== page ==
Air traffic controllers are warning that UK skies are running out of room amid a record number of flights.
Friday is likely to be the busiest day of the year, with air traffic controllers expecting to handle more than 8,800 flights - a record number.
They have called for a drastic modernisation in the way aircraft are guided across UK airspace.
It comes as the government launches a discussion to shape the UK's aviation industry for the next 30 years.
Air traffic controllers expect to manage a record 770,000 flights in UK airspace over the summer - 40,000 more than last year.
But the ability of the the UK's National Air Traffic Control Service (Nats) to deal with this surge is being stretched to the limit, it is claimed.
Nats director Jamie Hutchison said: "In the last few weeks we have already safely managed record-breaking daily traffic levels, but the ageing design of UK airspace means we will soon reach the limits of what can be managed without delays rising significantly."
The Department for Transport estimates that, if airspace management remains unchanged, there will be 3,100 days' worth of flight delays by 2030 - that is 50 times the amount seen in 2015 - along with 8,000 flight cancellations a year.
The government wants the public to submit ideas on a wide range of subjects, from airport bag check-ins in town centres to noise reduction targets.
The six themes it will consult on over the coming months are:
- Customer service
- Safety and security
- Global connectivity
- Competitive markets
- Supporting growth while tackling environmental impacts
- Innovation, technology and skills
Transport Secretary Chris Grayling said: "Our new aviation strategy will look beyond the new runway at Heathrow and sets out a comprehensive long-term plan for UK aviation.
"It will support jobs and economic growth across the whole of the UK."
He said the government wanted to consult "as widely as possible" over the next 18 months on its new aviation strategy.
"We've got to get through the Brexit process, we've got to conclude the negotiations, we need to have new agreements with countries like the United States and Canada," he said.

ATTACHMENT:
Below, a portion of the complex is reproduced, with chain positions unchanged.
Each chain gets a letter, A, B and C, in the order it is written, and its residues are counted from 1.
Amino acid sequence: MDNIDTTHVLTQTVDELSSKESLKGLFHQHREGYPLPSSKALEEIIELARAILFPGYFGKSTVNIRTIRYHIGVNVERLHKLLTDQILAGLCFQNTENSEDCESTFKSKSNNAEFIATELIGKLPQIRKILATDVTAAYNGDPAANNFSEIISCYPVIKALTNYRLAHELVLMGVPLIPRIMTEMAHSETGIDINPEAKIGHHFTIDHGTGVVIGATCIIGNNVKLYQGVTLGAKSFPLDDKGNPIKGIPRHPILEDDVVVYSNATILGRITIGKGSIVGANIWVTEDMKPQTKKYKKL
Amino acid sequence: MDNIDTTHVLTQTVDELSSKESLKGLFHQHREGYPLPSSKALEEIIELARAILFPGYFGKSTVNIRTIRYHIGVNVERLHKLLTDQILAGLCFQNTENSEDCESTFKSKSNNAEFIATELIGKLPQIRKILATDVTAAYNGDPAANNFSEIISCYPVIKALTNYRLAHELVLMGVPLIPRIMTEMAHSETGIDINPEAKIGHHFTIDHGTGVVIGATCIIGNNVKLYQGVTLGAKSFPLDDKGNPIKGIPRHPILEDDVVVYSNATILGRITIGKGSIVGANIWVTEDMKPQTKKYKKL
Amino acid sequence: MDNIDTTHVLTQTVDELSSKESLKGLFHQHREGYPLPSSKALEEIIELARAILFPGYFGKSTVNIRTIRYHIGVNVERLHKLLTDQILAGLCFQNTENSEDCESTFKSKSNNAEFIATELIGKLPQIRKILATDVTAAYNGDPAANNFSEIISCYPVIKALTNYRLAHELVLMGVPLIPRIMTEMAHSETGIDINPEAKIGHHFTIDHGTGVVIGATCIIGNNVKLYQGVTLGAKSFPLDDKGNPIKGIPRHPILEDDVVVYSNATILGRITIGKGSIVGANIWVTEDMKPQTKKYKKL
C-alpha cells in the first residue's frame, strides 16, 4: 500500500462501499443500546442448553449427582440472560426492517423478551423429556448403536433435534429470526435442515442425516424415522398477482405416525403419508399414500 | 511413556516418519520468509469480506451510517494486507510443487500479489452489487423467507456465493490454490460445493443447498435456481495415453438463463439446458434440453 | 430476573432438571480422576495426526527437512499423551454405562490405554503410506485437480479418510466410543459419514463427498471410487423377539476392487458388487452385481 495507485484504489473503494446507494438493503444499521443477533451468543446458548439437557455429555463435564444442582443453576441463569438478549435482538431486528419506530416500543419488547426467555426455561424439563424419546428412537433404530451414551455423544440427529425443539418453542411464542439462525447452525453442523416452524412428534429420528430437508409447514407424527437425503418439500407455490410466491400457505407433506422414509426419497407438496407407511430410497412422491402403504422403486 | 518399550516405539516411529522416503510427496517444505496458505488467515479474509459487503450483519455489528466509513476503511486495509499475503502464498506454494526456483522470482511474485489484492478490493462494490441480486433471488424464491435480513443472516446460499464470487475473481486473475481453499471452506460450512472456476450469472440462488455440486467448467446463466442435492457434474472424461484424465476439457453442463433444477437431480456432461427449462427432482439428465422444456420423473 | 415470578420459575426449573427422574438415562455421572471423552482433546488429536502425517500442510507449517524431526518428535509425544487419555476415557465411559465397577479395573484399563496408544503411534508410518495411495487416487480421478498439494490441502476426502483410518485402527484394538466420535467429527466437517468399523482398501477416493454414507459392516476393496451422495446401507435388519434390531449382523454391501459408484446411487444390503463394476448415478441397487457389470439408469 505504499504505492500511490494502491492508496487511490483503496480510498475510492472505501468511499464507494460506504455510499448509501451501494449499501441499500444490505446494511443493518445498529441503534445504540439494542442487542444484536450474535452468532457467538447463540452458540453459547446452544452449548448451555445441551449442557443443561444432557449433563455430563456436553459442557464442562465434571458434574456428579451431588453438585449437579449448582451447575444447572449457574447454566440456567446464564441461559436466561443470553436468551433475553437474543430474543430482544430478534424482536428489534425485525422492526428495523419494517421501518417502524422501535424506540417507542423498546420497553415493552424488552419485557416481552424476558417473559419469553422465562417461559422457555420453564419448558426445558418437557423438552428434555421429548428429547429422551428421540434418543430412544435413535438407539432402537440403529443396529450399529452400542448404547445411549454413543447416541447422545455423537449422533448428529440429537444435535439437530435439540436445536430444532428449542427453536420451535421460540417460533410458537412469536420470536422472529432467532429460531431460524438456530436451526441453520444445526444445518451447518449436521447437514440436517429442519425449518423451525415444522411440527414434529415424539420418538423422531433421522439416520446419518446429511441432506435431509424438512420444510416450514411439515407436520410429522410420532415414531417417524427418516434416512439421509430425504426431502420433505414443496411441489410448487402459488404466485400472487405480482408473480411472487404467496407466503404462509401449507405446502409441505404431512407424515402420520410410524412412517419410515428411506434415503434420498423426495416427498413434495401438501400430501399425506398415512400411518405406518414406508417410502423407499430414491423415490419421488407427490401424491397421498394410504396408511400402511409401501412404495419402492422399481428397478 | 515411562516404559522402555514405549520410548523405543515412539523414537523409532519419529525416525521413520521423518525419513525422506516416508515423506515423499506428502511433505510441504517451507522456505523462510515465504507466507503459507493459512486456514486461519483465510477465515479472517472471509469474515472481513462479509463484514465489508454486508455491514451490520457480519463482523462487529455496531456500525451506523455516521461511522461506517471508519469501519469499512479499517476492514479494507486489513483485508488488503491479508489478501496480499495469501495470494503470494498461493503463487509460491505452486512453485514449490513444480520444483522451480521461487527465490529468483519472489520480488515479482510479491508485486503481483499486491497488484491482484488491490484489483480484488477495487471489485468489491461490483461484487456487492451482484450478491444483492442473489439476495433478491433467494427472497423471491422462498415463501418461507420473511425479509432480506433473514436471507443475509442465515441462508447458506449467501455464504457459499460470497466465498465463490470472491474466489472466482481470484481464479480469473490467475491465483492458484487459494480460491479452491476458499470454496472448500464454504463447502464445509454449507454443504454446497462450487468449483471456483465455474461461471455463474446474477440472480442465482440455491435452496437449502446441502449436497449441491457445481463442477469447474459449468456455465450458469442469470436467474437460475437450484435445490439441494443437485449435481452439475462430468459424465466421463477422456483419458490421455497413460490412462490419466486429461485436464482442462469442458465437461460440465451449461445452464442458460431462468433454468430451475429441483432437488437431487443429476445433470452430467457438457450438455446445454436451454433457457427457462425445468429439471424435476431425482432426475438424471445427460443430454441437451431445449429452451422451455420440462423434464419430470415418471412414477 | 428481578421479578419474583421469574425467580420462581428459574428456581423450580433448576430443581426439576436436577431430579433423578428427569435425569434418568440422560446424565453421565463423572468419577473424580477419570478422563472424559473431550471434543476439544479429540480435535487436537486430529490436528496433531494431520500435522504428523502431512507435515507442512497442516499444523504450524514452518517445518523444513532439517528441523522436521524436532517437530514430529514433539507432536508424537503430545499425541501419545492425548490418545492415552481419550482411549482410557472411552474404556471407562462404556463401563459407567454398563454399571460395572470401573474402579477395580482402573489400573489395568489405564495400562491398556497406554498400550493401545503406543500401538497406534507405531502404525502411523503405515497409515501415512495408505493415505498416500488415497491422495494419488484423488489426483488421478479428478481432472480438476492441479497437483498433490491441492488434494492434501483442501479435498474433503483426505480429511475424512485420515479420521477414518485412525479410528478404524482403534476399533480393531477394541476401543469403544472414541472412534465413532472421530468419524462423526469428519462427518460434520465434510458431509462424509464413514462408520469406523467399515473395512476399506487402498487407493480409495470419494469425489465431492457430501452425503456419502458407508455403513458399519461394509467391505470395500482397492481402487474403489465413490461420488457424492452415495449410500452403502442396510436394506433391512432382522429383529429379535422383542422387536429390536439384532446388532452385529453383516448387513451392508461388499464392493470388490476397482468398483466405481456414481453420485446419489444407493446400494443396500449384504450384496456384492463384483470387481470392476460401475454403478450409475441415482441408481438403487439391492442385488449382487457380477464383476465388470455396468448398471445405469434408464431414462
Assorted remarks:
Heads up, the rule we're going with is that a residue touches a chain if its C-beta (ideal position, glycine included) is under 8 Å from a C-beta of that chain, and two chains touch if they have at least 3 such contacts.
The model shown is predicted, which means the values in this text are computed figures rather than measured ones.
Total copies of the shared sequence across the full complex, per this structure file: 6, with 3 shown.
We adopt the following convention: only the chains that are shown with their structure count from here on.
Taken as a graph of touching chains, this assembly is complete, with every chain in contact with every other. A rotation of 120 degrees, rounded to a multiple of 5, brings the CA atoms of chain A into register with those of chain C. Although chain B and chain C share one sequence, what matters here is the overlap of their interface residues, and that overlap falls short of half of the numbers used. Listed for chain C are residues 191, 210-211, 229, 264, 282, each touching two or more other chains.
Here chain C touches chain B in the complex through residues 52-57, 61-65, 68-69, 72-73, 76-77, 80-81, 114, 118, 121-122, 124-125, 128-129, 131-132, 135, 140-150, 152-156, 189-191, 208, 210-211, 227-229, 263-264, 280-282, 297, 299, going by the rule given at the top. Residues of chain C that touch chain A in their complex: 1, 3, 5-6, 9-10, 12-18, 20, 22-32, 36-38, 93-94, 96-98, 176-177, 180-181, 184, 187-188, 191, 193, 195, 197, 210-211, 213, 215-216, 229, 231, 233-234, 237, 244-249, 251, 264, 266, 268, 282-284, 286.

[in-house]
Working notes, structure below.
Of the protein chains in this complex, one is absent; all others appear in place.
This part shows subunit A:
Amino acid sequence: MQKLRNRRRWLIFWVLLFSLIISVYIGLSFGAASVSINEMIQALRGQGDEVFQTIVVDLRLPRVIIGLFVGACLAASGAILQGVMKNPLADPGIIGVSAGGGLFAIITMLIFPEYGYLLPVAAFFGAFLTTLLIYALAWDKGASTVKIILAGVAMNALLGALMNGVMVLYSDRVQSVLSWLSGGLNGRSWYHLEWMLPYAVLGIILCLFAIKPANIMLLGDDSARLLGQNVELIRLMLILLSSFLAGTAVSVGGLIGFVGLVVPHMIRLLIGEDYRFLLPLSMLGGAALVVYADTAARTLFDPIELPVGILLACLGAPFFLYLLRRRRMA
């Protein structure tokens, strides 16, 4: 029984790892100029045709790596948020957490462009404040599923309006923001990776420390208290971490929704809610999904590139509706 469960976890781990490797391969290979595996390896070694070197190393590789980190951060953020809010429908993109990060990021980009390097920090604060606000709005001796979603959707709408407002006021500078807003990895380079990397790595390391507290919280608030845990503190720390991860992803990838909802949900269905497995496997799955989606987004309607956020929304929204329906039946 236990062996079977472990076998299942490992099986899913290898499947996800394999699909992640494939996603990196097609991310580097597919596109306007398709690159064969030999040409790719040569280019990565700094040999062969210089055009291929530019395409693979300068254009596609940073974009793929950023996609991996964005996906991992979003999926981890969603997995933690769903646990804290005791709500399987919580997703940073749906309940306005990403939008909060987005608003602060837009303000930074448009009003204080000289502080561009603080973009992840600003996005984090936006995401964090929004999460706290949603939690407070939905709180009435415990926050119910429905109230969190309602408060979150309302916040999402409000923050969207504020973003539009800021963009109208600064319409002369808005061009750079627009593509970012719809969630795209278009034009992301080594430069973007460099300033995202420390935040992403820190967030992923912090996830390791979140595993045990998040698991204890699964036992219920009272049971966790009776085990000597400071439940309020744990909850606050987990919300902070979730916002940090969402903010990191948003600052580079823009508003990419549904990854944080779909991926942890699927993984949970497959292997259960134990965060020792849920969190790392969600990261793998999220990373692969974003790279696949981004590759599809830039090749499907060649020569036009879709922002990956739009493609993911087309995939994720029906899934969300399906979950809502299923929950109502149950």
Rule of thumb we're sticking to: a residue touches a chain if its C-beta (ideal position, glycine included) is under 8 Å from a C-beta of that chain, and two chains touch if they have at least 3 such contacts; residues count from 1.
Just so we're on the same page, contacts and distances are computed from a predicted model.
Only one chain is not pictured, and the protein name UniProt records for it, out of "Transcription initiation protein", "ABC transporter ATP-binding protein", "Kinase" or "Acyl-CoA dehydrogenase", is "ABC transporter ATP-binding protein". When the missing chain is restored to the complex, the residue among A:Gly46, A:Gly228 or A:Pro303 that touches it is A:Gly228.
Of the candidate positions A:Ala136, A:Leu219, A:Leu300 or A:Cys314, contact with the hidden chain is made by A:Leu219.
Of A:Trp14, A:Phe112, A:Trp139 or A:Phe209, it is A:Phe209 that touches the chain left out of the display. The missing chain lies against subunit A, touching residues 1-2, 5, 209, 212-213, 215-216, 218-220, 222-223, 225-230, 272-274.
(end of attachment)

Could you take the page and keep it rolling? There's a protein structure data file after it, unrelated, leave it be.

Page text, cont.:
"I'm off next week to meet with my US counterpart to talk about how we make sure that aviation across the Atlantic has a strong future with all the growth potential that's there."
Martin Rolfe, chief executive of Nats, said the government consultation process could take between two and three years, "so millions and millions of people will have a say in aircraft flying over their house".
He told the BBC's Today programme: "Local communities are very obviously concerned about what more traffic might look like, but actually modernising [airspace] means we can keep aircraft higher for longer.
"We can have them descend more steeply than they currently do because modern aircraft are more capable than the types of aircraft that were in service when this airspace was originally designed."
Meanwhile, airport capacity is expanding way beyond Heathrow's new runway.
Friday also marks the start of a £1bn investment programme to double the size of Manchester Airport's Terminal 2.
The number of planes taking off and landing at Stansted has gone up every month for almost four years.
Cardiff Airport has seen an 11% rise in traffic, and Luton is recording growth of 7% this year alone.
The problem of volume has been complicated by shifts in travel patterns.
Destinations including Egypt, Turkey and Tunisia have lost out to Spain, Italy and the US, which means major changes in the flows of traffic into UK airspace.
Nats itself is rolling out a new £600m computer system known as iTec that could result in more flights and fewer delays.